Evangelists arrive at airport gates with just enough time to board. They have stockpiles of frequent flyer miles and memberships in a variety of hotel loyalty programs. They know exactly how to pack their bag depending on where they’re heading and for how long. I asked a few fellow road warriors what ends up in their travel kits when they prepare to head out.
The most common items are a supplemental battery pack like a Mophie Juice Pack or Zagg Sparq for those moments when your phone is at 5% and you’re trying to map your way back to the hotel, a variety of display adapters for plugging in to monitors and projectors, a mobile hotspot, a notebook, and some kind of portable speaker for jams.
Porter Haney, Wedgies
My kit operates on a few premises – preparation, conversation starters, and more preparation.
- Trucker Hat, because they’re god damn functional. They keep the sun out, they let the head breath, and when you stick wedgies.com on them people start to ask you questions. I wouldn’t have it any other way.
- Dermatone, there’s a reason the USA Ski Team and the Army use this stuff. It’s built for the tough job of keeping your ugly mug looking good through hours of wear and tear in the outdoors. It also doubles as paint for black light parties.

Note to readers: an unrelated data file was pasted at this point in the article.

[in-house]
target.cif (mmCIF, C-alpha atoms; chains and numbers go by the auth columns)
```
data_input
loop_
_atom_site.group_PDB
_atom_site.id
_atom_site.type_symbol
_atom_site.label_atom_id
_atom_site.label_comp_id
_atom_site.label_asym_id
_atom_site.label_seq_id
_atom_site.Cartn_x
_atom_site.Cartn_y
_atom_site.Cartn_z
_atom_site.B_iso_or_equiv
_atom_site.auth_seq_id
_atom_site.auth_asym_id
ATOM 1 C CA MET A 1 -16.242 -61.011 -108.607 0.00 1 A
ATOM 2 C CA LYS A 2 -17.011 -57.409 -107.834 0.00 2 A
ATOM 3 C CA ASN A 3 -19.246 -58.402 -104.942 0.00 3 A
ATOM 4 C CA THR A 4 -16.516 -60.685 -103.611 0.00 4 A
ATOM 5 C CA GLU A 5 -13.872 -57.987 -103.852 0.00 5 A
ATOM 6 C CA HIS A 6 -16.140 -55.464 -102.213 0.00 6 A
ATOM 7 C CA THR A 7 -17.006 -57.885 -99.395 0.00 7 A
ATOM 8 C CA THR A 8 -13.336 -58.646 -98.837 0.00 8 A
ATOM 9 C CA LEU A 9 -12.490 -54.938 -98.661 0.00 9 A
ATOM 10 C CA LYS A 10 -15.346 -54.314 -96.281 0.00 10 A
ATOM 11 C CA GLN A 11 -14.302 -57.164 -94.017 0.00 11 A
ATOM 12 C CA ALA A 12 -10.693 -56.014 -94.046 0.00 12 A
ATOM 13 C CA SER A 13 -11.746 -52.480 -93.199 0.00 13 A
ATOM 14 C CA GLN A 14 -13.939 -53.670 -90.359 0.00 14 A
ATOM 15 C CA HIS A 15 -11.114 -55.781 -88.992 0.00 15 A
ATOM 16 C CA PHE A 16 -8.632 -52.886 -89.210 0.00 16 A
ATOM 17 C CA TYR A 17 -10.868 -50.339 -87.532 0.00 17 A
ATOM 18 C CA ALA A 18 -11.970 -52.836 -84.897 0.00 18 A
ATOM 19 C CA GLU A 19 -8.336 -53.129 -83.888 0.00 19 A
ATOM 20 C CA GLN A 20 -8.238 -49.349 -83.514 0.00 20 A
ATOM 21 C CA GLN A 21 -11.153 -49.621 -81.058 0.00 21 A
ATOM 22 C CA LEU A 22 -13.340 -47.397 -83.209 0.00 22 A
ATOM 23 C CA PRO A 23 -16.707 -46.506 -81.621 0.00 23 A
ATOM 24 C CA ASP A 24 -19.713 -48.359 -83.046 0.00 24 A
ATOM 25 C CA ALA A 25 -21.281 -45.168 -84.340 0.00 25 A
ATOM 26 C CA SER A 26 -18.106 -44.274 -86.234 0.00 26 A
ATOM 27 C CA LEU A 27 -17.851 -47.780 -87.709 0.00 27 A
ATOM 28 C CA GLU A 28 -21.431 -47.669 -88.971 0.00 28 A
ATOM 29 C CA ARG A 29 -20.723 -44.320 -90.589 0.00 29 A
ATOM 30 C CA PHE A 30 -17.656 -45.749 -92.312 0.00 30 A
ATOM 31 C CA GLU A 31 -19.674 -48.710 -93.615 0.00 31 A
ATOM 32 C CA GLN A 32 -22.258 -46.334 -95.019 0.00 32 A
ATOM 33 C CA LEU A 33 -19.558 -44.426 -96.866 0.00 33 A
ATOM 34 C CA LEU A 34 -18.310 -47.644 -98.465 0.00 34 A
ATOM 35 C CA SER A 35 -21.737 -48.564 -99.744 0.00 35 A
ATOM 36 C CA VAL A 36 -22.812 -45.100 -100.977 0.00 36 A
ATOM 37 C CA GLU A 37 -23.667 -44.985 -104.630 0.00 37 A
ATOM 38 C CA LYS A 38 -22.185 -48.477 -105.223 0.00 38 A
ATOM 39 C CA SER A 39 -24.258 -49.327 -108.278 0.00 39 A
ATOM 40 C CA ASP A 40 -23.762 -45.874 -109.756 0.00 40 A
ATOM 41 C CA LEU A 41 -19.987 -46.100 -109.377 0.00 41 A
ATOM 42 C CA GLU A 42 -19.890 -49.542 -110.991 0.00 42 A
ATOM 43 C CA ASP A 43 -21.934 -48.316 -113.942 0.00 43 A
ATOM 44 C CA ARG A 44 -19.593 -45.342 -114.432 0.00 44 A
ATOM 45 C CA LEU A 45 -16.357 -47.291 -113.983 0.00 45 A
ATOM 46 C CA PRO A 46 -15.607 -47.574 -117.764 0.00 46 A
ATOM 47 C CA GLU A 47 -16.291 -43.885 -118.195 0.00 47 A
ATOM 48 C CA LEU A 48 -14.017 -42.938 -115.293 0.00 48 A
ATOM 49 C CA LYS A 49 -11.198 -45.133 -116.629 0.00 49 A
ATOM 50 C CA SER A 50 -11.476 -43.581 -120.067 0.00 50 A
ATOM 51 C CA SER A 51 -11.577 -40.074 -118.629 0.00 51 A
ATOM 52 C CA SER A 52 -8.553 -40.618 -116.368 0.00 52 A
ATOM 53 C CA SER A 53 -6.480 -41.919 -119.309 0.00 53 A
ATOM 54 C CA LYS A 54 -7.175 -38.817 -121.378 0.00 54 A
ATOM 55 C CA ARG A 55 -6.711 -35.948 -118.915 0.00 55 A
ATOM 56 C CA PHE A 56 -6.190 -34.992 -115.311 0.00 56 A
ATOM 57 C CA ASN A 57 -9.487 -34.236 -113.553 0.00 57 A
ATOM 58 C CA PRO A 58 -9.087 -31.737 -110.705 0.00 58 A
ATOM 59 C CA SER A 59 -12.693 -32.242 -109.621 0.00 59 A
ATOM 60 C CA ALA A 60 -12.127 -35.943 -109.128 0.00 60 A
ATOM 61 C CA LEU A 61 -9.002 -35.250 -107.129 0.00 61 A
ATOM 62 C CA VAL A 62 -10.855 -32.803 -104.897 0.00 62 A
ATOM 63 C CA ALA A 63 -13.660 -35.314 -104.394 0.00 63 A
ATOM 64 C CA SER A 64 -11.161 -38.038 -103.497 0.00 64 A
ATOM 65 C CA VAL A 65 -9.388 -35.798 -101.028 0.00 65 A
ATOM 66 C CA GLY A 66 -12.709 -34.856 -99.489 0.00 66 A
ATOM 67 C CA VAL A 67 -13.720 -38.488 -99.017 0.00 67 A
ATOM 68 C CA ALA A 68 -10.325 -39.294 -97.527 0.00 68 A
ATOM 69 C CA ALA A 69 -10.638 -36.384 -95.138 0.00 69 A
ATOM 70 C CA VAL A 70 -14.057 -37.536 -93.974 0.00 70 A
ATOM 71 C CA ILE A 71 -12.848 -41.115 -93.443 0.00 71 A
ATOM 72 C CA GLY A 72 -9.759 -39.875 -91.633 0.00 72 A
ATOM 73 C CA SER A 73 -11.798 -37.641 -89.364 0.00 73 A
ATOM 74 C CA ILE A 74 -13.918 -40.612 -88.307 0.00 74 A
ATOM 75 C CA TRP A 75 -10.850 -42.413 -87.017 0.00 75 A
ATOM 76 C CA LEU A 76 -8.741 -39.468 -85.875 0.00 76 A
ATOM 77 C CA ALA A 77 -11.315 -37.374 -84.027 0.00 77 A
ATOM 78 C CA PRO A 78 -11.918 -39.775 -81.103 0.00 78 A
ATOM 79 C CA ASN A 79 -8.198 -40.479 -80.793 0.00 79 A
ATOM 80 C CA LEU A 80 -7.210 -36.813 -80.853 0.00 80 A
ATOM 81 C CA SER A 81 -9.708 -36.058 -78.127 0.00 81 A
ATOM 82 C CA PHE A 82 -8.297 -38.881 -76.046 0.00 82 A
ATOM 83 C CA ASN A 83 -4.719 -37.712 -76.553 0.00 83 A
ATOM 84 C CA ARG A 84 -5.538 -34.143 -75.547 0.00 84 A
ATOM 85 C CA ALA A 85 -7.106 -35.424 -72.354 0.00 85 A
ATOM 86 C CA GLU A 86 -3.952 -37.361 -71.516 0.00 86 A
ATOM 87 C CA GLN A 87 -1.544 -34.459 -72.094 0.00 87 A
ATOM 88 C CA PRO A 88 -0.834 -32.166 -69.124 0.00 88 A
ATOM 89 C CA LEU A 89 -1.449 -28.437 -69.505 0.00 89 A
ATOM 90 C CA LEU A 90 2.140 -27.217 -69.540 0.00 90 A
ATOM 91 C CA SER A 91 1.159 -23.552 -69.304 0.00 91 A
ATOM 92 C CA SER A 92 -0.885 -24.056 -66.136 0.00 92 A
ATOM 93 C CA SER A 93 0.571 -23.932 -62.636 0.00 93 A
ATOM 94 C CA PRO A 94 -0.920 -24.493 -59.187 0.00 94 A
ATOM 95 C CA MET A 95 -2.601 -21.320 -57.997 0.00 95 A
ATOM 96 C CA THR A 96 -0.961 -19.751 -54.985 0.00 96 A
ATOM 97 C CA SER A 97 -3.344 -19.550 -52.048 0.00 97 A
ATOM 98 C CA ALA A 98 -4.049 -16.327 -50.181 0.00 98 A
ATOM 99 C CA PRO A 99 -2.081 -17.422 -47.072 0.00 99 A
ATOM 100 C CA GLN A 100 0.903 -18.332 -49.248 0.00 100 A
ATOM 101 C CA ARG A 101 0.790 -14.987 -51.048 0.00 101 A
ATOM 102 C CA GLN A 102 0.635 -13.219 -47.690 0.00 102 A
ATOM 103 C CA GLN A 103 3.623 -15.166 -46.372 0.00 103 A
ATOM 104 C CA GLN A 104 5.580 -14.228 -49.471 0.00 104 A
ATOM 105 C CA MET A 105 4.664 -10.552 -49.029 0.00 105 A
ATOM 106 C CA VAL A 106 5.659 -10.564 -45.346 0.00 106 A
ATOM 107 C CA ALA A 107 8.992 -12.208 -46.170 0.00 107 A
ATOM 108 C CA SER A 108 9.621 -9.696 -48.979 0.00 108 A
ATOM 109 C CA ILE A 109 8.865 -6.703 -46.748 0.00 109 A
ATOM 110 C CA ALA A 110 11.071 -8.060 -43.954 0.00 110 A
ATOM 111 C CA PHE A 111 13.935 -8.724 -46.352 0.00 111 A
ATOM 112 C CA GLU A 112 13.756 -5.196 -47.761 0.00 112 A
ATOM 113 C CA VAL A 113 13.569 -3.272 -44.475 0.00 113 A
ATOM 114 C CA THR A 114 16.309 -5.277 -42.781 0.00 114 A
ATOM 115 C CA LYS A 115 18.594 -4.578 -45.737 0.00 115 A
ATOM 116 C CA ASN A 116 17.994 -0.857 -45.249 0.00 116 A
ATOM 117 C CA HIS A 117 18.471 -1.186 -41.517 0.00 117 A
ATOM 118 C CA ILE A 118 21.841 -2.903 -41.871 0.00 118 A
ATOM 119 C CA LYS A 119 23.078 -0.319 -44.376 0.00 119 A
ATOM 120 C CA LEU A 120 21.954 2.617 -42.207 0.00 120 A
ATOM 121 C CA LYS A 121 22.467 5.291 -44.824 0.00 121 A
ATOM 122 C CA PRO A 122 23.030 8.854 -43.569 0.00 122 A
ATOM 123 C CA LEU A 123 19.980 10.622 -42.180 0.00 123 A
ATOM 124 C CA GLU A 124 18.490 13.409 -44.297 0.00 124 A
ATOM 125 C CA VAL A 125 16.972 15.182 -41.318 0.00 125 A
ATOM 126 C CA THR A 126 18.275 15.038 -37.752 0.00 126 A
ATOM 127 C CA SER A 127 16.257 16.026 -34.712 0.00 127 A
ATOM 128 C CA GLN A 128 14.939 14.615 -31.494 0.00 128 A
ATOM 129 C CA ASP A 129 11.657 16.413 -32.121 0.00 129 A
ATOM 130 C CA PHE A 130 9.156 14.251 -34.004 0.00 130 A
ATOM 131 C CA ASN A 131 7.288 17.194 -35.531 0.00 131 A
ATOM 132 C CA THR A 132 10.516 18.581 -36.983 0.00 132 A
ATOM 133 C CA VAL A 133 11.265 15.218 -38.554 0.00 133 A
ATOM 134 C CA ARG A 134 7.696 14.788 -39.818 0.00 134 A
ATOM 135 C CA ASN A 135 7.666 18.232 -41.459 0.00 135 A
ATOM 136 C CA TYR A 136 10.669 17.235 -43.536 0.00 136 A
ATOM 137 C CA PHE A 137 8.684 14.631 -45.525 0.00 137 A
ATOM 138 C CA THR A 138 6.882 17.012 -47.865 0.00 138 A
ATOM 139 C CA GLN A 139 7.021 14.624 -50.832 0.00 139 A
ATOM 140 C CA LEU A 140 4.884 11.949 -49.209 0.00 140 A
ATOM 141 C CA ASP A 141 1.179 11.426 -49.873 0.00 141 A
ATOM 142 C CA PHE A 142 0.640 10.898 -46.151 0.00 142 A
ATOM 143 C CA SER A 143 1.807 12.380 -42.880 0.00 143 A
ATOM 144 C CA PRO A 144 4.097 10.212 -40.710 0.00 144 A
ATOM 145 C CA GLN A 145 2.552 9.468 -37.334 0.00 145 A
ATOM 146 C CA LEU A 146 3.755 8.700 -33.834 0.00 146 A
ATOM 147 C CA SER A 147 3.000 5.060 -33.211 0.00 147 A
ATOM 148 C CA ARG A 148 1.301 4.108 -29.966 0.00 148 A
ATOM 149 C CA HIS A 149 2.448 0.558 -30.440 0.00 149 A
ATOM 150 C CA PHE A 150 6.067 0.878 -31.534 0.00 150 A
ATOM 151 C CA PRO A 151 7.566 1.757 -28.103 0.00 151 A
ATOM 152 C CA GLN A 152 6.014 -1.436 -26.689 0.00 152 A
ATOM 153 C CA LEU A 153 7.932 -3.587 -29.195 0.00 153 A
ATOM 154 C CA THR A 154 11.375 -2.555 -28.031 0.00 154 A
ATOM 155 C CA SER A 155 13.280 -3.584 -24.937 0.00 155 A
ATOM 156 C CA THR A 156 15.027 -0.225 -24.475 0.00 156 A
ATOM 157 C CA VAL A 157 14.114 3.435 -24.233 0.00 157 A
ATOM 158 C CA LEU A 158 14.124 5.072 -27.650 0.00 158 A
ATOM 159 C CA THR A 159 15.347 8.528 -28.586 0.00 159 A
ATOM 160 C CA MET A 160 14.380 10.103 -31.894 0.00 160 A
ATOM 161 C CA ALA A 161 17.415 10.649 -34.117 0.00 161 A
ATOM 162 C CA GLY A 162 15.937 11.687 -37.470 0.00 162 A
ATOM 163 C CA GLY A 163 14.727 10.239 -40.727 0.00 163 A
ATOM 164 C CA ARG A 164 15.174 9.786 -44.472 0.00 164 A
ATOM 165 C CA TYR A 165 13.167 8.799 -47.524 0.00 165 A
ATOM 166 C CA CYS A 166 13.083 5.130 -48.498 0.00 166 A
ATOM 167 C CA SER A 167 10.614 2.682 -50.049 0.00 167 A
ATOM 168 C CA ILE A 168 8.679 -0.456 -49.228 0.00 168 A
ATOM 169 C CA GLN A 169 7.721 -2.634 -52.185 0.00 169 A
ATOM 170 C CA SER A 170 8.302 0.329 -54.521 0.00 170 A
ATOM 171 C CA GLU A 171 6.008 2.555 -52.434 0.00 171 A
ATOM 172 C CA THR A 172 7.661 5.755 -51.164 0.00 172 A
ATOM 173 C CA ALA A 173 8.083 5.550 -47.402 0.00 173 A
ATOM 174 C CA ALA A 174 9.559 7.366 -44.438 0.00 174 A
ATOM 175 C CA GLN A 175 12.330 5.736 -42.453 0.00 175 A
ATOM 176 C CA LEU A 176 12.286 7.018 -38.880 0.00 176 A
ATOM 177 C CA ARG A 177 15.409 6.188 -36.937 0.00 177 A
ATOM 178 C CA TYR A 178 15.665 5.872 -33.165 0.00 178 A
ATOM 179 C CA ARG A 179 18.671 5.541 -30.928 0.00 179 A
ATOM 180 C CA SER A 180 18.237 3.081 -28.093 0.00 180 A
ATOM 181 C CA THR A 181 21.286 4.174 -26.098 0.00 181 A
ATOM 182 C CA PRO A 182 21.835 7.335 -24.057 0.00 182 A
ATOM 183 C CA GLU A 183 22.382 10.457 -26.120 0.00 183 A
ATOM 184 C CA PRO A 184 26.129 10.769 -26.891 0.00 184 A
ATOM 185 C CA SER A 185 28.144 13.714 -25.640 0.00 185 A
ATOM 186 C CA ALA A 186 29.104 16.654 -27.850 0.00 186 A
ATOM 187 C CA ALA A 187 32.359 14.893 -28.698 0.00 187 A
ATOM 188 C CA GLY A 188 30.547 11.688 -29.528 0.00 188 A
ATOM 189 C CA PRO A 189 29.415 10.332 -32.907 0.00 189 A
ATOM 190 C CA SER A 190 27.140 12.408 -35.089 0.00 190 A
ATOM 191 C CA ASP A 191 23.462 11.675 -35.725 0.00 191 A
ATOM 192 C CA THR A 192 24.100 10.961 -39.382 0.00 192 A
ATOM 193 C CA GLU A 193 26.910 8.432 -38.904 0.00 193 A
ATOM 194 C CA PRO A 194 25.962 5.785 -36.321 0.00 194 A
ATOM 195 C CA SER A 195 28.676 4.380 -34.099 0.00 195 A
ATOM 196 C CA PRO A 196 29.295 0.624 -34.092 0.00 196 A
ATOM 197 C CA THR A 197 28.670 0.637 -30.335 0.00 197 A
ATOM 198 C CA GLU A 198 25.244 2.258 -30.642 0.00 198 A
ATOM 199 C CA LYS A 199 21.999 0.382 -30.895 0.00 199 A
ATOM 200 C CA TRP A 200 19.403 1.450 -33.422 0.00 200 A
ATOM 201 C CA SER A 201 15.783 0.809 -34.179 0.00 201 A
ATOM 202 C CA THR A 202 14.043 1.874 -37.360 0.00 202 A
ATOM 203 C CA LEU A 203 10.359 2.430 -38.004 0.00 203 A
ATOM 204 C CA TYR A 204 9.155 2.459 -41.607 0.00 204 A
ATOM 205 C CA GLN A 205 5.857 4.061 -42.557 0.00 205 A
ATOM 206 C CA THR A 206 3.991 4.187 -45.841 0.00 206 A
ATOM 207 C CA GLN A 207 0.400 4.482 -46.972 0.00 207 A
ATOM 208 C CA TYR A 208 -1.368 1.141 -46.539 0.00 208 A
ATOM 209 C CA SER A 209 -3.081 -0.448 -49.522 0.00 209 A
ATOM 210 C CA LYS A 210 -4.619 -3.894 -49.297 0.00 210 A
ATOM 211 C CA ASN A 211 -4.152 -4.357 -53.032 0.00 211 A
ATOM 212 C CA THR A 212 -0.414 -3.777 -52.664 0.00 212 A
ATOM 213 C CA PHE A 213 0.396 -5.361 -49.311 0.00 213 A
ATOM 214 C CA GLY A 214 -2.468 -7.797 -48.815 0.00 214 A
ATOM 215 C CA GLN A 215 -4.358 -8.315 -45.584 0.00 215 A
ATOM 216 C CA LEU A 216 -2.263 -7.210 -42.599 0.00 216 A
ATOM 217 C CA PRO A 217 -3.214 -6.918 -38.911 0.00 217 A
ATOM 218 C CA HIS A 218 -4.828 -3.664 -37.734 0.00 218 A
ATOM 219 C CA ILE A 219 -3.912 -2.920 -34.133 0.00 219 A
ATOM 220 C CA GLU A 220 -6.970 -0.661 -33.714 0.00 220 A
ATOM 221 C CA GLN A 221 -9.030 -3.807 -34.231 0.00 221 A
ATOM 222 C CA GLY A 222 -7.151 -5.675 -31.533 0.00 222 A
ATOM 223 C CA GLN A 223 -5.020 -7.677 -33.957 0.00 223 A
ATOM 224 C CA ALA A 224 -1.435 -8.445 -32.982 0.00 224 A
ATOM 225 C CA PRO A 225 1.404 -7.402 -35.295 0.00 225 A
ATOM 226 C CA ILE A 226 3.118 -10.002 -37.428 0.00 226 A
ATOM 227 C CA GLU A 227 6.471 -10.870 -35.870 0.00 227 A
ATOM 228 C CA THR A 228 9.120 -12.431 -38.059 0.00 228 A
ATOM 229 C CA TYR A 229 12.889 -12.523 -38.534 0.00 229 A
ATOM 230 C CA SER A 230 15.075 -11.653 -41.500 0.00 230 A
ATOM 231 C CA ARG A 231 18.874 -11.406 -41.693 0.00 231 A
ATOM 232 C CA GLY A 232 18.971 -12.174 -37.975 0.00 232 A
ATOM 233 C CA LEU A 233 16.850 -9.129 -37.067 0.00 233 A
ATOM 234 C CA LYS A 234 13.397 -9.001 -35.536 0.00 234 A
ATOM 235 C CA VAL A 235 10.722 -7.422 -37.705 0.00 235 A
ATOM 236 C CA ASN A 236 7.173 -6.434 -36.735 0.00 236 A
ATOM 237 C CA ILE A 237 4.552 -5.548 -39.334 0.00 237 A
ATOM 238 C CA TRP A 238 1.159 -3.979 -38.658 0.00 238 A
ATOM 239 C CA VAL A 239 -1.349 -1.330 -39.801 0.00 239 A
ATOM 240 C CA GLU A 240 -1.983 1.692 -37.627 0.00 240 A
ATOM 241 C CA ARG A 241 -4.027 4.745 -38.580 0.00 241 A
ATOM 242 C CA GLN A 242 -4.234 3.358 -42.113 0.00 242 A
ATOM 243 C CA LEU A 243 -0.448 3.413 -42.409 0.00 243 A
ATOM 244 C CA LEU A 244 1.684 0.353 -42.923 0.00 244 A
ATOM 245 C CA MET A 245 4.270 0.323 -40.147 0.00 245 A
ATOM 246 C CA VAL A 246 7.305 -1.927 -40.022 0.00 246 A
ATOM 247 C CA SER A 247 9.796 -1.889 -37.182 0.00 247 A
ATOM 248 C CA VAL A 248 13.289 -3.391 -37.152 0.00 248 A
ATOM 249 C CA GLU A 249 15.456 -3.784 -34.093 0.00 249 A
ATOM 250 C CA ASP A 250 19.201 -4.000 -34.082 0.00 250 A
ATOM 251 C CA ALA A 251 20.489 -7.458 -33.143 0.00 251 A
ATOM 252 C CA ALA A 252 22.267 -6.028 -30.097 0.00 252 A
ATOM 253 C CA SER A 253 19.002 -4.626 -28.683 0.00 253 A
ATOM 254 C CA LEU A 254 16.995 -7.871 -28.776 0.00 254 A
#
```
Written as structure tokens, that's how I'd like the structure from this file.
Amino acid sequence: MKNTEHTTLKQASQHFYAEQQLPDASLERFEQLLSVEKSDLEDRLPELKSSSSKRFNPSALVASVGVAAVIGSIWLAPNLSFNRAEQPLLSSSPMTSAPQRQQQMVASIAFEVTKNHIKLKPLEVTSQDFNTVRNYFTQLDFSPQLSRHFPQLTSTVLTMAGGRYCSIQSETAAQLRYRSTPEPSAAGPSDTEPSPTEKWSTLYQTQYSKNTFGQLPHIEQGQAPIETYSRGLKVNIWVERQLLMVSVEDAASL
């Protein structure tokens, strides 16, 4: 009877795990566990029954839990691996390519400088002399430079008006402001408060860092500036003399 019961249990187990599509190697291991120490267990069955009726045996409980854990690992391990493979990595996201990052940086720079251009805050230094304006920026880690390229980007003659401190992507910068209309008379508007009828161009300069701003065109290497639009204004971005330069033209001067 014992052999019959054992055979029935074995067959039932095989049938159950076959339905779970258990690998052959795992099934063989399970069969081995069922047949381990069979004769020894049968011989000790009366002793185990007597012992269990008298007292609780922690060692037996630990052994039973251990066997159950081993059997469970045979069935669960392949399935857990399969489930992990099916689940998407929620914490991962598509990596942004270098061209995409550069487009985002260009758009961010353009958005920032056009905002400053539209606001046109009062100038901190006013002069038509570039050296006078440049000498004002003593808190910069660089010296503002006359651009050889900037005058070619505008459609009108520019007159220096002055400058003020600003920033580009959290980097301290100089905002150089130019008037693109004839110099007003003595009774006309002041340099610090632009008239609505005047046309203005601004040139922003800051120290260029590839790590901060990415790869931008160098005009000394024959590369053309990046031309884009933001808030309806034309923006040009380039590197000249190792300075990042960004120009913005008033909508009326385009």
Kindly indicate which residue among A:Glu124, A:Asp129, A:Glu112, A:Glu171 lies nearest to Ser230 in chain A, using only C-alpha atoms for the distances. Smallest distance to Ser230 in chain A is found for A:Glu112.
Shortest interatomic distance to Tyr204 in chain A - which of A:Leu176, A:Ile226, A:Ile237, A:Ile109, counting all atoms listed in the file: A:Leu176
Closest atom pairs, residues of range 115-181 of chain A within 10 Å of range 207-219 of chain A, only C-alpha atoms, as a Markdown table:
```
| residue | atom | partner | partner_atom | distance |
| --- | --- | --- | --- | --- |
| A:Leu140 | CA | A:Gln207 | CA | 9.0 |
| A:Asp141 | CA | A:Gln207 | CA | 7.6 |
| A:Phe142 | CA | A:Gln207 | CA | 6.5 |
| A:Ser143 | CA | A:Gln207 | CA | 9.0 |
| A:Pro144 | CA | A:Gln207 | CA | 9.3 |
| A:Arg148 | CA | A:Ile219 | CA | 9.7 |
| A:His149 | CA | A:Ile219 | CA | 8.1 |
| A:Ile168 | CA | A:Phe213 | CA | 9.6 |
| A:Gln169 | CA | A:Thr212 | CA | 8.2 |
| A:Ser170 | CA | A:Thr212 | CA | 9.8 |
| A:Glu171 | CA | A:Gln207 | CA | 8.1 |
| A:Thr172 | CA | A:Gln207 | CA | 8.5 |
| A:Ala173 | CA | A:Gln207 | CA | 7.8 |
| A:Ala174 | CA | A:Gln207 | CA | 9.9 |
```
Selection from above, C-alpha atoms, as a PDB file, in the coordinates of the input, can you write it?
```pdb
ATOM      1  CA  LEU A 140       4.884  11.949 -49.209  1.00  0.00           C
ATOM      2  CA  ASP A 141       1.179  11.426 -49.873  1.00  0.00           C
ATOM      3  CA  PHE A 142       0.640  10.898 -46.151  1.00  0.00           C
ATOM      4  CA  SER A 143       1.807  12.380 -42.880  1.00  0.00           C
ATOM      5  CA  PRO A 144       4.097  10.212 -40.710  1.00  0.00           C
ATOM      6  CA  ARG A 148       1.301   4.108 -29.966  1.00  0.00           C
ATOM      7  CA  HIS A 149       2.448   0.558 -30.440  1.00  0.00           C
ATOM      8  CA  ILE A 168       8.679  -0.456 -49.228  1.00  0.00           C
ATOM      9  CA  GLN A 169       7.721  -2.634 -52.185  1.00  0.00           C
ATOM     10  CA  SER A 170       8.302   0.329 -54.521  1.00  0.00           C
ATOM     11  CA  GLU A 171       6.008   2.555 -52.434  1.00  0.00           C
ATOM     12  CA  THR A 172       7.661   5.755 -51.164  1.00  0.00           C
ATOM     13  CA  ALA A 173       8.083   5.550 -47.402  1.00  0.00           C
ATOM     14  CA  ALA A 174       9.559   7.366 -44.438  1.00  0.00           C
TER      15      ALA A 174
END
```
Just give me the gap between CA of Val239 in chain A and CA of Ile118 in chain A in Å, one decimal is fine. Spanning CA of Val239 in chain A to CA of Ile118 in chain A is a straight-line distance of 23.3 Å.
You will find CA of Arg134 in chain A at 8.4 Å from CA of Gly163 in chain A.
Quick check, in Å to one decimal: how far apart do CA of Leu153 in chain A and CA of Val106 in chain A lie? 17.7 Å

- Camera, or the training brick as we affectionately call it when you carry it around in your backpack day all. This thing is heavy, but it’s worth every ounce. Some of the best pictures in life come when you least expect them. Having a camera on you at all times means you get to make the most of those moments.
- Beads, or other party accessory. You never know when a party is just going to break out around you. You don’t want to be the guy sitting in the corner practicing how fast he can text imaginary people. You want to be slinging party favors with the best of ‘em. Put some of these bad boys in your pocket and you’ll never again be left out of the fun.
- My Mophie Juice Pack and my iPhone go together like PBJ. This battery helps the iPhone achieve what it was meant to, live in your pocket all day, under heavy use, and not go dead at 7 PM.
- Moleskin Notebook, some people like to take notes in their phone, and then promptly forget they took notes in their phone. Writing notes down the old fashioned way insures that you’ve got a record that only fire can abscond with.
- A pocket knife is critical to all kits. It’ll save hide more times than you’ll be able to count. Just stick it in your pocket and it’ll be there when you need it.
- My trusty Liz Kuz wallet. Liz is an artist, and when she has leftover paintings, she cuts them up and sews them into billfolds. It’s a great way to start a conversation with a bar tender or barista. Plus, this thing is part of my personality. I mean, would you just look at those mountains?
My evangelist toolkit has:
- Android Charger
- iPhone 4 & 5 charger
- Power adapter for travel in foreign countries
- Ethernet cable
- AA Batteries
- Portable speakers
- Bluetooth mouse
- Surge protector
- USB thumb drive
- Disposable tooth brushes
- Contact solution
- Granola bars
I also carry these things for work stuff:
- Envelopes (receipts, biz cards, etc)
- Notepad / Moleskin
- Lanyard with my name on it
- SendGrid sweatband (for when I’m coding so hard, I get my sweat on)
Neil Mansilla, Mashery
- Zagg Sparq 2.0 — battery, iPhone and iPad juice
- Jawbone Jambox (small) — music is essential, be it for the hotel room, small gathering or a hackathon